A bird also got onboard the ship! We put it in a box in the dark to keep it feeling safe and released it this morning. Needless to say, I was very confused the first time I heard that there was a bird rattling around in a cardboard box on the boat. I’m glad we were able to release it and it could fly away.

August 1 and 2: We are off to Sea

A pirate ship greets the R/V Thompson off of Gas Works park. Credit: J. Winter, University of Washington, V21.

And we’re off! We left from the UW dock in the evening, opening three bridges on our way to the Ballard locks. There were lots of interesting boats and people on the water, including a pirate ship, man blowing a conch shell, and hot tub boats! There was also quite a bit of wildlife. A dock was absolutely covered in seagulls. Seals were in the locks looking for some salmon to munch. An osprey was also fishing, and we saw it catch a small fish!

A beautiful night onboard the R/V Thomas G. Thompson as she departs at the start of Leg 1. Credit. J. Winter, University of Washington, V21.

We arrived at the Ballard locks, which are basically “boat elevators,” getting boats to either the lake or Sound water level. I have seen boats go through the locks many times, but I haven’t been on a boat as large as the R/V Thompson going through them. It’s a totally different experience being on the ship than just watching. It was fun to talk to people watching the boat and see how the locks operated with a larger vessel.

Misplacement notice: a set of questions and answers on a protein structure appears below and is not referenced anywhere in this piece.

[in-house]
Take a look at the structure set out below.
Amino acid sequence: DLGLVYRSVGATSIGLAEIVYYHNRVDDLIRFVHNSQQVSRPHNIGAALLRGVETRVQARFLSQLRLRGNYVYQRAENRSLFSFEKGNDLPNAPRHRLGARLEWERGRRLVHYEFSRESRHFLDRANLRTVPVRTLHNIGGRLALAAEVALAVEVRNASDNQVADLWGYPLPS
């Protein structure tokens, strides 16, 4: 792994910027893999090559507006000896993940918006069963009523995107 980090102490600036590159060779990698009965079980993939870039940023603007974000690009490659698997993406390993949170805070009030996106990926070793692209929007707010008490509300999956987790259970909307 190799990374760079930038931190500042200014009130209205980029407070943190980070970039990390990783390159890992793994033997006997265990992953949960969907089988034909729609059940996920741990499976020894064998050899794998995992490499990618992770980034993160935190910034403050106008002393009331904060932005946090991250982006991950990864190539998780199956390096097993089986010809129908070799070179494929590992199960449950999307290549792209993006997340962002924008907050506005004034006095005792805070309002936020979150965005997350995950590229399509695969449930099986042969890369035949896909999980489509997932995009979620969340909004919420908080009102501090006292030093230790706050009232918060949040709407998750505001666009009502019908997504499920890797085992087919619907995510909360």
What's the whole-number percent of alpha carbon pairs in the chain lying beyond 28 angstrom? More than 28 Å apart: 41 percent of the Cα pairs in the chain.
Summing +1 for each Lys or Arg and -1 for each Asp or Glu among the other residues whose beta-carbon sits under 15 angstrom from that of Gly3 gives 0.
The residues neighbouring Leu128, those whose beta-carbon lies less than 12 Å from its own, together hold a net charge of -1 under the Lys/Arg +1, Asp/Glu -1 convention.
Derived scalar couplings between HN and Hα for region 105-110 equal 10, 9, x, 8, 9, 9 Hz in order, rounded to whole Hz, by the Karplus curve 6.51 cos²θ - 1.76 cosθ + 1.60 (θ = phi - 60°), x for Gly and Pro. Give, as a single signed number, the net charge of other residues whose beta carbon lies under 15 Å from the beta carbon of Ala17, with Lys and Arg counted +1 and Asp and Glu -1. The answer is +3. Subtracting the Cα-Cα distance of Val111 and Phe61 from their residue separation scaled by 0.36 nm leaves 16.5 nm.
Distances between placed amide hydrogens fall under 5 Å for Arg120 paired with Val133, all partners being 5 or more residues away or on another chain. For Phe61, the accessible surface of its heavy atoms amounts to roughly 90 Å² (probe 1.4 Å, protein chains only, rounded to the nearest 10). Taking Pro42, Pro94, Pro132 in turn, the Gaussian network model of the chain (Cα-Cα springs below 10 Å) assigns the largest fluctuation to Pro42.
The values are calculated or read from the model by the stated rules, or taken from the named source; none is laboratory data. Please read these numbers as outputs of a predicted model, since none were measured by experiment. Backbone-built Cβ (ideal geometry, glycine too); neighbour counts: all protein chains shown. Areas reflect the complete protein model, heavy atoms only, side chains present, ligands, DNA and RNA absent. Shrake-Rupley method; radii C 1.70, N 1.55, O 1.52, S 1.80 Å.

By this time, the sun was setting, which turned the sky a beautiful pink over the Olympic mountains. The water was calm, and we had a gorgeous view of the main basin of Puget Sound and Seattle as we headed to the dock for the night. We could see the whole Seattle skyline—the whole scene was very peaceful.

A beautiful night to sail up the Salish Sea on the R/V Thompson at the start of Leg 1 for the RCA 2021 expedition. Credit: J. Winter, University of Washington, V21.

This morning, we toured the boat and learned about the ROV Jason. We’ll be spending lots of time in the control van, logging data and taking pictures of the dives. I’m looking forward to all the weird marine life and geological features we’ll see on our first stop, the underwater volcano Axial Seamount! Now, we’re on a 40-hour transit to get there. This will be a good time to adjust to ship life and shift schedules. What a great start to our adventure!